Developing a robust system: SimpSocial’s journey to observability

SimpSocial prioritizes the customer experience above all else; the availability and performance of our service come first. Our teams and systems need to have a strong culture of observability in order to achieve this.


We, therefore, make significant investments in the dependability of our application. Unpredictable failures, however, are inevitable, and when they do occur, people are responsible for fixing them.


We manage a socio-technical system, and resilience is the capacity of a system to bounce back from adversity. Observability, or the measures we take to make it possible for people to “look” inside the systems they operate, is one of the essential elements of resilience.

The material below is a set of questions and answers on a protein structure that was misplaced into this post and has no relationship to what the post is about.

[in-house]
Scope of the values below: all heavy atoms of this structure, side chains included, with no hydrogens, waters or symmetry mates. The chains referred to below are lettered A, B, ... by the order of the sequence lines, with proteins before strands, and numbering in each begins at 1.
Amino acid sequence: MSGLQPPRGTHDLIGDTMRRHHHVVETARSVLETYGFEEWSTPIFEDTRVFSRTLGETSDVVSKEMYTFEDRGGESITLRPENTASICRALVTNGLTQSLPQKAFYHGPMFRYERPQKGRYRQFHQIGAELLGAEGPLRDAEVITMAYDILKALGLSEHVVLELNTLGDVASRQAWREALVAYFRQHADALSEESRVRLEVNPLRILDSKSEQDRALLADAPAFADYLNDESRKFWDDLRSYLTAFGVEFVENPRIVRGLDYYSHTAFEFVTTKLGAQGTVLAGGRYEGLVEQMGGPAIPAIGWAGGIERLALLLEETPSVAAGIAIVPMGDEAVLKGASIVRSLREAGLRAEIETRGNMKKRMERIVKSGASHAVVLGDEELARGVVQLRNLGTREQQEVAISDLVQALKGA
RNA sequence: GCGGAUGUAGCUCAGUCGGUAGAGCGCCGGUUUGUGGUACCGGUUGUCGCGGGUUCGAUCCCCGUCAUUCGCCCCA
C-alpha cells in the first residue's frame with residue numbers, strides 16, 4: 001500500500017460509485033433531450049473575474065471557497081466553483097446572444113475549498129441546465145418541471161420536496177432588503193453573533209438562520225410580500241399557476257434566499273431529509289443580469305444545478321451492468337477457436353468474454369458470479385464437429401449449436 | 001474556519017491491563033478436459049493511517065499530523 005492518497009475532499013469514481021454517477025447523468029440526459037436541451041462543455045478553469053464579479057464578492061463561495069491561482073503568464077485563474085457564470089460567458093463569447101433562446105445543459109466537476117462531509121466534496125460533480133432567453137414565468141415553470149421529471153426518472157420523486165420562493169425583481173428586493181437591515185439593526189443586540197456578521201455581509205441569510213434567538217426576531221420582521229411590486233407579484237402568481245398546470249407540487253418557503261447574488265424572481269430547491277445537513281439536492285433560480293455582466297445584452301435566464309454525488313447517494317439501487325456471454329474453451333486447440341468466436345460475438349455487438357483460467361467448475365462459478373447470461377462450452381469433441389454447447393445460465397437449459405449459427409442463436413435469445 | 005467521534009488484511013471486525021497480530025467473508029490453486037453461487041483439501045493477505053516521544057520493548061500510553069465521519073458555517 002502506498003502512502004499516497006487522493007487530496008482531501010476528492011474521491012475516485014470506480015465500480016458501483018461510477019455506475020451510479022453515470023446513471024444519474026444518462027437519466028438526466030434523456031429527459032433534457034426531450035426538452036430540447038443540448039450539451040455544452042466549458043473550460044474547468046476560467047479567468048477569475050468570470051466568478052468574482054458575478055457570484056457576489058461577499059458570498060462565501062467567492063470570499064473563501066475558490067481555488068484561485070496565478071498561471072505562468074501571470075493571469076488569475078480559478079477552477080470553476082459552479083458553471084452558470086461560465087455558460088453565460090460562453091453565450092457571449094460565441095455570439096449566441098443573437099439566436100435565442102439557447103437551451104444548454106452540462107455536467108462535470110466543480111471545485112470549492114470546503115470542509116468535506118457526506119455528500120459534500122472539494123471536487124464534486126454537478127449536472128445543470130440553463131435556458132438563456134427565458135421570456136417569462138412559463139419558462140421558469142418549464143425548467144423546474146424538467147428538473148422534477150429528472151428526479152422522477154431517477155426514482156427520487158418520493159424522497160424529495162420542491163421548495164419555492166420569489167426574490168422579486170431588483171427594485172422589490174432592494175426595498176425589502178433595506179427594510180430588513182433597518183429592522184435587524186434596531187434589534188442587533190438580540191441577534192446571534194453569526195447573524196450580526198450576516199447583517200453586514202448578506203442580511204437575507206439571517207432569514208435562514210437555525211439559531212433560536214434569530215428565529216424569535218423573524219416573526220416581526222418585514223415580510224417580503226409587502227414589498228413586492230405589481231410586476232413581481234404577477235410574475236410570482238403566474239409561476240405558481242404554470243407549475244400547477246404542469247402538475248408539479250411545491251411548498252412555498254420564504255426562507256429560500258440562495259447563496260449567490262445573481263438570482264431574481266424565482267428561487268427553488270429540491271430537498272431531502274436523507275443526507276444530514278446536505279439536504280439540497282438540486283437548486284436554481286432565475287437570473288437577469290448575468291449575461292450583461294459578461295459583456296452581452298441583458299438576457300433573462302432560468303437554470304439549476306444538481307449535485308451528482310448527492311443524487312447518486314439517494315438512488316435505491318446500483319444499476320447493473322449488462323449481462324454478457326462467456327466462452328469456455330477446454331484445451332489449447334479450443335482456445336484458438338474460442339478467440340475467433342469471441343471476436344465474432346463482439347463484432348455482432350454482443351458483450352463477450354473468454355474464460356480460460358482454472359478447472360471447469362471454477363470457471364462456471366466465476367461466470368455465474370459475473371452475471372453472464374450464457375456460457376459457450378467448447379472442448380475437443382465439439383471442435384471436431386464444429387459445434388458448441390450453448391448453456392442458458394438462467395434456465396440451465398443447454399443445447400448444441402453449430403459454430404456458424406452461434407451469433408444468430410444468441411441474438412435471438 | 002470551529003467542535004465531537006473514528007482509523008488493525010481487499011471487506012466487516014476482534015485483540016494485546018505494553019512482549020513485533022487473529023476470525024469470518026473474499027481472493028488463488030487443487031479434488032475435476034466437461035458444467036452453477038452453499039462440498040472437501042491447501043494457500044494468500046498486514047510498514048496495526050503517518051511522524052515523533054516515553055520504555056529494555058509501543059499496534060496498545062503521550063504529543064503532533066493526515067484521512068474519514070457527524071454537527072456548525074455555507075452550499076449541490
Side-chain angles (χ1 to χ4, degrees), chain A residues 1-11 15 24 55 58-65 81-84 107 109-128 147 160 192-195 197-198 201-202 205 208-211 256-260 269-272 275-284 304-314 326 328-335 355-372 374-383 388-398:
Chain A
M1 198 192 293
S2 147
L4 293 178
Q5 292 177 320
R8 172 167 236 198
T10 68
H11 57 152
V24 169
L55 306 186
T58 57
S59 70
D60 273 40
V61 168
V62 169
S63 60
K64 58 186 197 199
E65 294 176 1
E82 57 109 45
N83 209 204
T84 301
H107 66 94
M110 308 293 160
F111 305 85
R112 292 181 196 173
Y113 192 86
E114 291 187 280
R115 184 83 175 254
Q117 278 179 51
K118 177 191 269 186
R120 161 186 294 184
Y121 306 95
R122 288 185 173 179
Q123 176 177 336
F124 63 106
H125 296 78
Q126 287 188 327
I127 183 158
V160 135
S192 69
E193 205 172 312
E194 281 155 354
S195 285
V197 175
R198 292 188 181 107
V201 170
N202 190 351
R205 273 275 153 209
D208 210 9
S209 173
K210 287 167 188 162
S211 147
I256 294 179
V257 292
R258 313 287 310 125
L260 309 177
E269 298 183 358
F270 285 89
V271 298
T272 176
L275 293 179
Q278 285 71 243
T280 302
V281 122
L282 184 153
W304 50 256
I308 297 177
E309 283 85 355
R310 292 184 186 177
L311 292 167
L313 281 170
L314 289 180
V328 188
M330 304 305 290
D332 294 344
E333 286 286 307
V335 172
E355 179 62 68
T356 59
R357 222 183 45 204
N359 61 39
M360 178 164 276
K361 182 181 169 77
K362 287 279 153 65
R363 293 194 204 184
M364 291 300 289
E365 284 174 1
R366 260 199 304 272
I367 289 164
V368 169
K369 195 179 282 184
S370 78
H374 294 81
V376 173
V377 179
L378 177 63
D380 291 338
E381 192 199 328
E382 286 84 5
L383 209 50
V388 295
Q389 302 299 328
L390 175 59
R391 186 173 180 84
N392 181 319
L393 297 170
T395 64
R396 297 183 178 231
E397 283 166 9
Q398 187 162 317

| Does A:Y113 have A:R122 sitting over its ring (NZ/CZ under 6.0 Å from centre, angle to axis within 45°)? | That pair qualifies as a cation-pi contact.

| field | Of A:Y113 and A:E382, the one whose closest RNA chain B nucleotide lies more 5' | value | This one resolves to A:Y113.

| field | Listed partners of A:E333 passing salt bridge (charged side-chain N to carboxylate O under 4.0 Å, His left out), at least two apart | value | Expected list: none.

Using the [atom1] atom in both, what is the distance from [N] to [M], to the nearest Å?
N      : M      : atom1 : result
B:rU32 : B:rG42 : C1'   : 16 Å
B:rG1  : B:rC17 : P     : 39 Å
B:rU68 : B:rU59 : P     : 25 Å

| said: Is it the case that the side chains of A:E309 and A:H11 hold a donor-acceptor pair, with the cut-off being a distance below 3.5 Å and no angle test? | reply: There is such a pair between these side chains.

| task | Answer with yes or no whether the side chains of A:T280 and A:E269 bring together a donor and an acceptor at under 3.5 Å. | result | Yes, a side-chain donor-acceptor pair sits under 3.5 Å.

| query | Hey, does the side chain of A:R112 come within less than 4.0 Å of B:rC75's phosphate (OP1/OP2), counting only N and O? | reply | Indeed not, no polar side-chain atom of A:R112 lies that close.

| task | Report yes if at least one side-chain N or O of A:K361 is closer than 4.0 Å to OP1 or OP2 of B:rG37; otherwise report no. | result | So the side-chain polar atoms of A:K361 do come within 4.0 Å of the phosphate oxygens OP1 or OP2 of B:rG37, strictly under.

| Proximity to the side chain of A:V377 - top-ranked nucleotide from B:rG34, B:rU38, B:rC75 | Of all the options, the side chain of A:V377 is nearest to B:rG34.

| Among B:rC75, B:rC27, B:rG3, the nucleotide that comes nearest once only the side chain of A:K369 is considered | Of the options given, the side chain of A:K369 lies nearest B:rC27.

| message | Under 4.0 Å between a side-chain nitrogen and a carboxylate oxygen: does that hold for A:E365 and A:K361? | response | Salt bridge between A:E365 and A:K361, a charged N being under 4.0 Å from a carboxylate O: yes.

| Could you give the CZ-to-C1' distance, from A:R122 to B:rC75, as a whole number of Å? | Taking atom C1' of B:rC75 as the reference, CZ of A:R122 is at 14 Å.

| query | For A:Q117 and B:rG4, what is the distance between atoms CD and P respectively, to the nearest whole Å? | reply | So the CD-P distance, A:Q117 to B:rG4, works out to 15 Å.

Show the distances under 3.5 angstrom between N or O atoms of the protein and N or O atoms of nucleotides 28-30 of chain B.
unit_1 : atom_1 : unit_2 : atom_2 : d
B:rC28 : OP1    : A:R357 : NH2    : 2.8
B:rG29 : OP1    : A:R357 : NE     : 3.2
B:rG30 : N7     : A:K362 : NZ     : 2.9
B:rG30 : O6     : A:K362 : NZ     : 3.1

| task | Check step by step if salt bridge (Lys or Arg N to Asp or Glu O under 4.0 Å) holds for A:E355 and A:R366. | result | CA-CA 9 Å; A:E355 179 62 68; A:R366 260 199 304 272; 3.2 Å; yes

This article will examine the steps we’ve taken to develop a more robust culture of observability and the lessons we’ve discovered along the way.

What does SimpSocial intend by observability?


We ship to learn at SimpSocial. The only location to understand and verify the effects of our work is in our production environment, where our code, infrastructure, third-party dependencies, and customers join together to create an objective reality. We describe observability as an ongoing process in which people ask inquiries about production and receive responses.


Let’s examine that in more detail:


The process that is ongoing: Successful observability calls for frequent observation.


Concerning production: We intended for our definition to be broad, all-encompassing, and illustrative of the diverse range of workflows we support.